HIV JUSTICE WORLDWIDE Steering Committee Statement: 2021 Political Declaration


As a global coalition campaigning to abolish criminal laws and similar policies and practices that regulate, control and punish people living with HIV in all of their diversities, because of their HIV status, we are deeply concerned about ongoing negotiations at the United Nations General Assembly on the wording of the 2021 Political Declaration on HIV and AIDS.

The Political Declaration is crucial to translating into strong political commitments the approach of the Global AIDS Strategy 2021-2026 to end inequalities and close the gaps that are preventing progress towards ending AIDS as a public health threat by 2030.

Areas of particular concern include ensuring that the Declaration:

  • Names all key populations, as well as a commitment to address the specific structural barriers that key populations face.
  • Commits to the removal of punitive laws, policies, and practices against people living with and impacted by HIV in all of their diversities; such a commitment needs to go beyond the absence of discrimination.
  • Endorses the 10-10-10 targets on societal enablers related to punitive laws, policies, and practices as well as gender-based inequalities and gender-based violence, stigma, and discrimination.
  • Supports community leadership in line with the 30-60-80 targets on community-led testing and treatment, societal enablers, and prevention programmes.
  • Commits to increase annual HIV investments in low- and middle-income countries to US$29 billion and expand investments in societal enablers to US$3.1 billion by 2025.
  • Commits to establish a mechanism to regularly track and review progress across all targets, including financing, and to course-correct promptly if gaps emerge.

Now more than ever, evidence-based responses and renewed political will are called for – especially in face of the additional burdens imposed by the COVID-19 pandemic. If the Declaration does not specifically include all of these, then the 2021 Political Declaration will remain no more than words on paper.

The Declaration needs to build upon previous commitments towards enabling legal and policy environments for all people living with and affected by HIV. We urge all involved in this process to ensure that the Declaration does not use watered-down language and, instead, commits to action to do what we already know are the essential and necessary elements to achieve progress.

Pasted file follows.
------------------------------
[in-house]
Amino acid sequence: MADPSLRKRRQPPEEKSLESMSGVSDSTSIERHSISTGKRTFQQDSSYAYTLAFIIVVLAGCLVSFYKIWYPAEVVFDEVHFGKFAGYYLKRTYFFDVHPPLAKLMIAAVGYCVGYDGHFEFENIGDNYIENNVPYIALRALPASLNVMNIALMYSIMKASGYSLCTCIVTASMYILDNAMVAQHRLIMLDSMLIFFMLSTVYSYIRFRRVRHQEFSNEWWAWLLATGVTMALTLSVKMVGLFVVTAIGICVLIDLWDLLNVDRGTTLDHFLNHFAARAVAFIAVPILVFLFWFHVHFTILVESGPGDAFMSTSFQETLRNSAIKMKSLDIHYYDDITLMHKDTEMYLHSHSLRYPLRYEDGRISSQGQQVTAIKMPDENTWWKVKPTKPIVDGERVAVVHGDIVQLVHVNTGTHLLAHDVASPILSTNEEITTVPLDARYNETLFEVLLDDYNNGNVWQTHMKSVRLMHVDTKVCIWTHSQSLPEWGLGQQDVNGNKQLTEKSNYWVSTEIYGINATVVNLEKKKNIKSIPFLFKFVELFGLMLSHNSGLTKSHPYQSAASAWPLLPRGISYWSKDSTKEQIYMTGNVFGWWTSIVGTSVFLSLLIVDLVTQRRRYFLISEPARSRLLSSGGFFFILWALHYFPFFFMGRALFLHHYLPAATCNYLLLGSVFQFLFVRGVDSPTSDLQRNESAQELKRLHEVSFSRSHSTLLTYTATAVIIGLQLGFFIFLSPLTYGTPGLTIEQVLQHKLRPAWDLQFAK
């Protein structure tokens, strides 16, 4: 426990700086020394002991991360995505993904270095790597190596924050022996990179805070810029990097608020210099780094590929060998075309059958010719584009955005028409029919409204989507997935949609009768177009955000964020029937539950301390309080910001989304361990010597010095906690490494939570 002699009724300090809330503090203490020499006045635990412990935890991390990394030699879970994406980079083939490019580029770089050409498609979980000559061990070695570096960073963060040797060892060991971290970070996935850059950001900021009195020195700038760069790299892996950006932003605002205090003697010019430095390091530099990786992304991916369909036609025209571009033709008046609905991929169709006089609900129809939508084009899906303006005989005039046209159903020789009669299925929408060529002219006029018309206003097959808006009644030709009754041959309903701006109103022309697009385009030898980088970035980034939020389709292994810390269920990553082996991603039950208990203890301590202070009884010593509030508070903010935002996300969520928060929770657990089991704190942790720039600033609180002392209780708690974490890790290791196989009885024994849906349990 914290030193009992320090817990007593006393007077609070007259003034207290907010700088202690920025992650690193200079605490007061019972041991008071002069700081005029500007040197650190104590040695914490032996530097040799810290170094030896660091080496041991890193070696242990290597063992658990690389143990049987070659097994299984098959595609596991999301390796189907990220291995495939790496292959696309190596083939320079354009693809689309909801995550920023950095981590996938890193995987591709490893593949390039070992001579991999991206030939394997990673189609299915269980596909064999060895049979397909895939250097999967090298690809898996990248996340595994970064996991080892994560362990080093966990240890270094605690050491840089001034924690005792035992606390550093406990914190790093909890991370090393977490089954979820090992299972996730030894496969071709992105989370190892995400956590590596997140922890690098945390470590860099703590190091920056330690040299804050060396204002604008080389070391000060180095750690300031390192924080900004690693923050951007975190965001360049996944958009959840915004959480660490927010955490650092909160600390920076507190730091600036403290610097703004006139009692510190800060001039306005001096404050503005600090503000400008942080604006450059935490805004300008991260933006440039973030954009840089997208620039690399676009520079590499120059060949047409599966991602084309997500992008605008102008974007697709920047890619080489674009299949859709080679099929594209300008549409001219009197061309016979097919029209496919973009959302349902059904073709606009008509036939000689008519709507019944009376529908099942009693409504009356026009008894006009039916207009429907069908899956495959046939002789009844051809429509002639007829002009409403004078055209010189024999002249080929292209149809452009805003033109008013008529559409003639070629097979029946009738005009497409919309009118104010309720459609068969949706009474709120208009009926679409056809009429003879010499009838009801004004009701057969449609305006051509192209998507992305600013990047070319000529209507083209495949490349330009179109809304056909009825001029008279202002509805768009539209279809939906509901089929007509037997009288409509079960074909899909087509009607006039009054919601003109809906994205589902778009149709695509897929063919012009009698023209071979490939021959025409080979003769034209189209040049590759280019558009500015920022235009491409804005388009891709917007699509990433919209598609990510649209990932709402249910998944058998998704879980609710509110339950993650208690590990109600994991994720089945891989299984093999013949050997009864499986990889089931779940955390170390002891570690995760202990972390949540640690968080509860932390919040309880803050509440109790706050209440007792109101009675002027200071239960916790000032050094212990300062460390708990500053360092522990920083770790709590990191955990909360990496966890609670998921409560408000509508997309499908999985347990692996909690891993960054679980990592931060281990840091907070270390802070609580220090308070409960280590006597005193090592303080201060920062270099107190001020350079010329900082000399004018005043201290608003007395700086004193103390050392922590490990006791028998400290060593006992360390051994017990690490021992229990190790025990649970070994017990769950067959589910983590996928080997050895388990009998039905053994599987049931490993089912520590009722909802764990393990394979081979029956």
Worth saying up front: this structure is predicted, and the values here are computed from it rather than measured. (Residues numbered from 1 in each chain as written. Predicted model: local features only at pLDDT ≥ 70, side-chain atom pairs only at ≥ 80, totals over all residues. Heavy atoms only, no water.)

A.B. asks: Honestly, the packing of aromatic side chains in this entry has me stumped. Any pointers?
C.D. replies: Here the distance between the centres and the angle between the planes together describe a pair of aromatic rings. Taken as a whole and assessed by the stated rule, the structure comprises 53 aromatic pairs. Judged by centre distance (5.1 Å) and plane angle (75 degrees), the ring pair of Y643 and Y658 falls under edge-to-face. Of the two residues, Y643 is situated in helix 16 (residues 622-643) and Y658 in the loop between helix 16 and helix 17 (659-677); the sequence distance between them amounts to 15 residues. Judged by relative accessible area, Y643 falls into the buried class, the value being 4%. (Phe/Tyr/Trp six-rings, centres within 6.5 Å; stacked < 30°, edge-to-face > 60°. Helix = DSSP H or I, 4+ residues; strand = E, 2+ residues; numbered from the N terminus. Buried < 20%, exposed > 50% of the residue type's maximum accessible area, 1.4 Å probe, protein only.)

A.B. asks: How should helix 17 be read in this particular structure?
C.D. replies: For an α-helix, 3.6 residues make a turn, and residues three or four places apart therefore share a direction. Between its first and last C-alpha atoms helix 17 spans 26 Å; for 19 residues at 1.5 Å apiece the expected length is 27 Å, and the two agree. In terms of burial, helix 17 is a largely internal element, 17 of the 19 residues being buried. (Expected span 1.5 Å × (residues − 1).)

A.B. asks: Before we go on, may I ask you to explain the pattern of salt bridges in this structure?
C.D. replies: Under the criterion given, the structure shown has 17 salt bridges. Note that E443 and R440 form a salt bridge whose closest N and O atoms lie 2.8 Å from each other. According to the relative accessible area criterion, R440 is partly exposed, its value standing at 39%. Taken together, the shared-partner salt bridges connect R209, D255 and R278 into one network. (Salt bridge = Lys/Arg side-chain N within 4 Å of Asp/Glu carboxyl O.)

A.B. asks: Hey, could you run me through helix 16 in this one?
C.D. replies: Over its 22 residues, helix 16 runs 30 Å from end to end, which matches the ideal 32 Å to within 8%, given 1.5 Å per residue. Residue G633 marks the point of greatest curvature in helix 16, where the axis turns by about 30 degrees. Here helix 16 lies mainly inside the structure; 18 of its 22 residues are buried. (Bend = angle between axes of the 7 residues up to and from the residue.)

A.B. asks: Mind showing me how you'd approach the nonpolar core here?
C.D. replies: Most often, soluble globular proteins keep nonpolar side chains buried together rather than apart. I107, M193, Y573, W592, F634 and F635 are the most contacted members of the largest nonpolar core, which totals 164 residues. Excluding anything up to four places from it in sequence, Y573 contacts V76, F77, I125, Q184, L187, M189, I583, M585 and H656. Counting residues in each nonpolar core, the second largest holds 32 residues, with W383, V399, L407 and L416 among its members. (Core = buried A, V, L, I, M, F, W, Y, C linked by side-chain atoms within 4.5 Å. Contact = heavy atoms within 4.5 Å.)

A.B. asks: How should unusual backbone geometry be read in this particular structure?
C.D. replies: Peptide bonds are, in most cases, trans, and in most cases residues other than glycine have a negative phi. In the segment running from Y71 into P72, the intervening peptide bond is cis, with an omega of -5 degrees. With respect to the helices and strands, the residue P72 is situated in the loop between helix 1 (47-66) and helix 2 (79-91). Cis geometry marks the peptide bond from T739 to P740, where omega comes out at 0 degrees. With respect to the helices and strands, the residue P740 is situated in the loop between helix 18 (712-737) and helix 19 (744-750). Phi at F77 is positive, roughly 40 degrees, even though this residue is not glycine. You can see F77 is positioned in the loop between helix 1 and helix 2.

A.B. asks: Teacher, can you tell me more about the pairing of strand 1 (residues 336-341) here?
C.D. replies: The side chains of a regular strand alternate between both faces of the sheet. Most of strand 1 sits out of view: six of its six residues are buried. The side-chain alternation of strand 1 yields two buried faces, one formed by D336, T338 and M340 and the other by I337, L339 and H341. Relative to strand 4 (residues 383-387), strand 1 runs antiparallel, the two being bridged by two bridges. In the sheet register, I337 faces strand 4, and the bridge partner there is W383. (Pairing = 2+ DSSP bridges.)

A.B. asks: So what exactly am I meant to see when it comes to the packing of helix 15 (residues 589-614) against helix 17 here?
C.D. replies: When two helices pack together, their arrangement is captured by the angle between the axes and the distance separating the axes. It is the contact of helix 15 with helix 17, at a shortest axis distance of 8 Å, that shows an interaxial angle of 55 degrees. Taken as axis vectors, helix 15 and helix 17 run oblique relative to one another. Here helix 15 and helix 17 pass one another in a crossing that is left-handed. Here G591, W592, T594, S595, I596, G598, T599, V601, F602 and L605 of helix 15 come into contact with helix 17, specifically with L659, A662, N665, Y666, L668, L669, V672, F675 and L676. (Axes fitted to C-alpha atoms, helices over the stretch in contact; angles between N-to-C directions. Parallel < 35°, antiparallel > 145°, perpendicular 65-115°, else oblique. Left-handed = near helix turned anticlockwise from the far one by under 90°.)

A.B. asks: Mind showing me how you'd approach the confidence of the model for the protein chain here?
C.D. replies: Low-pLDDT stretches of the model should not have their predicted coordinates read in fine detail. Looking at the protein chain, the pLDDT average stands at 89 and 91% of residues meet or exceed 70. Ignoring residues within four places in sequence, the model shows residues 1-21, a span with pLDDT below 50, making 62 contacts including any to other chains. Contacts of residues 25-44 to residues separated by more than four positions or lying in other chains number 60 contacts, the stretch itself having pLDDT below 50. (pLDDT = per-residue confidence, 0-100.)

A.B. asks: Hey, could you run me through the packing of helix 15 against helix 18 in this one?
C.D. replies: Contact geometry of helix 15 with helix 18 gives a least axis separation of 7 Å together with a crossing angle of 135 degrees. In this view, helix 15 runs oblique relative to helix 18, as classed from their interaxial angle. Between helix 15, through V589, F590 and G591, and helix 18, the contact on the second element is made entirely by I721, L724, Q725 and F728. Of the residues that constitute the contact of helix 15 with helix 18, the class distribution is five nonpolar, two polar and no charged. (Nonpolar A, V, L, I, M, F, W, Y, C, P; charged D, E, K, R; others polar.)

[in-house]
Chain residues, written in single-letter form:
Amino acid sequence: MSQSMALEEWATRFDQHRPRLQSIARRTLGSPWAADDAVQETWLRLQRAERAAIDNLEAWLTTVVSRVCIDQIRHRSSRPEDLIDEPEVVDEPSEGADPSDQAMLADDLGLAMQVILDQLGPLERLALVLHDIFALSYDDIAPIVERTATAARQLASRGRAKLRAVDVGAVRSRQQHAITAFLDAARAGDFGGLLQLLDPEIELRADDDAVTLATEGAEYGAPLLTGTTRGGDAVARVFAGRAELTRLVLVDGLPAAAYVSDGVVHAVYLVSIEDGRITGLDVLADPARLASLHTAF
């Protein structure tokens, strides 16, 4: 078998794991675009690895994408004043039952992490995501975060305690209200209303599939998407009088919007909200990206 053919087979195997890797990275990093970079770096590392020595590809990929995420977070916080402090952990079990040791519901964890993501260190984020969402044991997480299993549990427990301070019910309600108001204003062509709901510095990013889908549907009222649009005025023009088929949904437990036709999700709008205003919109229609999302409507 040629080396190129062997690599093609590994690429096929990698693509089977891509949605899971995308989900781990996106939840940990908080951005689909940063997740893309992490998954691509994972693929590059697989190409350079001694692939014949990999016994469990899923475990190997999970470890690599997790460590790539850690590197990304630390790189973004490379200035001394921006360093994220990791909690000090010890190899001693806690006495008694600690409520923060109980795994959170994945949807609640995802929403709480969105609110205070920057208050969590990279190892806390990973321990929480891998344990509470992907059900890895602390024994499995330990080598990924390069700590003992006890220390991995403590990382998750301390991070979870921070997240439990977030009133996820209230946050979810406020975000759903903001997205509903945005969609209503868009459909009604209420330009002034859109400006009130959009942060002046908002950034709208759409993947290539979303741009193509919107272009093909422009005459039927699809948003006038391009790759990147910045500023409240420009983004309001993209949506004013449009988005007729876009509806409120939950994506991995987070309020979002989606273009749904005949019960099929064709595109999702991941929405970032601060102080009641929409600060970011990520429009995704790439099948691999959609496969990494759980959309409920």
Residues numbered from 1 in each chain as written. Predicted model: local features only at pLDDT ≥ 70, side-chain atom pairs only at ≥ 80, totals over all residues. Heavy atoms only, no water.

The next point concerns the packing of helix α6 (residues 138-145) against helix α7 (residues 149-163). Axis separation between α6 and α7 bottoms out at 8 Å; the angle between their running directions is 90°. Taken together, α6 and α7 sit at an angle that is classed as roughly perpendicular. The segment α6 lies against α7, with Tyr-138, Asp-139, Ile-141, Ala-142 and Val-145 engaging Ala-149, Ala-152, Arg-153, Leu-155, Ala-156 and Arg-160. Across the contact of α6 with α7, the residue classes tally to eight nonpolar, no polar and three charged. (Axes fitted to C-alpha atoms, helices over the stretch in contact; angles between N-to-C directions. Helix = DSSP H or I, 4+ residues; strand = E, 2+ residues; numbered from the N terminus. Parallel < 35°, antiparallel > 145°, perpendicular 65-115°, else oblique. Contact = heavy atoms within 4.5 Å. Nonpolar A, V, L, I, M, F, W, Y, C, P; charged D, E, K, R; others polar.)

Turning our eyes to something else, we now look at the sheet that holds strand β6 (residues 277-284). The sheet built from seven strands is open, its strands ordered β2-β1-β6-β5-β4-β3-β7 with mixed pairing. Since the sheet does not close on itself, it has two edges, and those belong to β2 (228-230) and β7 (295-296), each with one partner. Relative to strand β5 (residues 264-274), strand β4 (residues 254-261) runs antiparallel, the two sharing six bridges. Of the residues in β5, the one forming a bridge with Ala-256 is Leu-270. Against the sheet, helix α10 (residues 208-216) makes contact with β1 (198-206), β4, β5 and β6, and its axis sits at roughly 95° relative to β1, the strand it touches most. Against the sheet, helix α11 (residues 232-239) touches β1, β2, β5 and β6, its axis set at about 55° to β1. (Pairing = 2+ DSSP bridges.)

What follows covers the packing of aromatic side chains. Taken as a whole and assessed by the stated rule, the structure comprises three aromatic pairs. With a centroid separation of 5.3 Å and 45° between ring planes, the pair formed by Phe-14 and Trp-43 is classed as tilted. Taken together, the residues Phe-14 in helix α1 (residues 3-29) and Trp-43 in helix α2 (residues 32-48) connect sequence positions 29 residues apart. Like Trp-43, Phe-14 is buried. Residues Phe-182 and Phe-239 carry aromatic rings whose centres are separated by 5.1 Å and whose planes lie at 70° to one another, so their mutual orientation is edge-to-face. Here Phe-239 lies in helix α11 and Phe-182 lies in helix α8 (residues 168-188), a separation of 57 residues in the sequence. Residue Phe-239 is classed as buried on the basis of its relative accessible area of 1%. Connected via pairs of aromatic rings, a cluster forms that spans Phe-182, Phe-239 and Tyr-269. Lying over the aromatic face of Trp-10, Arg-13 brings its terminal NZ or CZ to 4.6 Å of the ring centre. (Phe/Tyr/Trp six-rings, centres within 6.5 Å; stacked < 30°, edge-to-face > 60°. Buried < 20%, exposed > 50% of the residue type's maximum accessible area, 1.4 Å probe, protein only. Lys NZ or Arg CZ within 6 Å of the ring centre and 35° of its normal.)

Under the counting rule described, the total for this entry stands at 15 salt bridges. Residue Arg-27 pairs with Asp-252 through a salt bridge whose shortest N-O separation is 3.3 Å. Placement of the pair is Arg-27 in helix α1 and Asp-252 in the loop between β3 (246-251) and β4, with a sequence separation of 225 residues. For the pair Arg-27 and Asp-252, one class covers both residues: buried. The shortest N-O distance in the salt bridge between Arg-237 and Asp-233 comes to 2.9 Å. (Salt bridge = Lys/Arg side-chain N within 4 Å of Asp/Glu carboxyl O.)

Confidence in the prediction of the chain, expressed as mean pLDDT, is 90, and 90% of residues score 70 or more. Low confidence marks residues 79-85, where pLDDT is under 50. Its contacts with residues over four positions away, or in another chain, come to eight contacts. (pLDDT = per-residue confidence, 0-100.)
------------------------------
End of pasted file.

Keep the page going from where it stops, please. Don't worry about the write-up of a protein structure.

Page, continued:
The evidence base for removing punitive laws and policies based on HIV status is comprehensive and clear. Numerous studies and meta-analyses on the impact of punitive laws on HIV responses, as included in our HIV Justice Toolkit, provide evidence that bolsters the efforts of advocates and public health experts to remove such counterproductive laws.

In particular, the publication of an Expert Consensus Statement on the science of HIV in the context of criminal law in 2018 has strengthened litigants’ and advocates’ arguments that HIV criminalisation is not grounded in science. In addition, the 2018 release of a supplement to the previous report of the Global Commission on HIV and the Law underscores the consensus of public health experts that punitive laws undermine HIV responses, cause needless suffering, and should be removed.

The 2021 High-Level meeting on HIV/AIDS – and the Political Declaration that results from it – is a crucial opportunity to create sustained momentum for the policies, programmes, and funding that are needed to end HIV as a global health threat by 2030.

Consequently, we also endorse, and want to highlight, the Civil Society Declaration for the United Nations General Assembly 2021 High-Level Meeting (HLM) on HIV/AIDS “End inequalities. End AIDS. Act now!” developed by the Multi-Stakeholder Task Force for the 2021 HLM, supported by its advisory group, and signed by over 700 organisations, networks and institutions globally.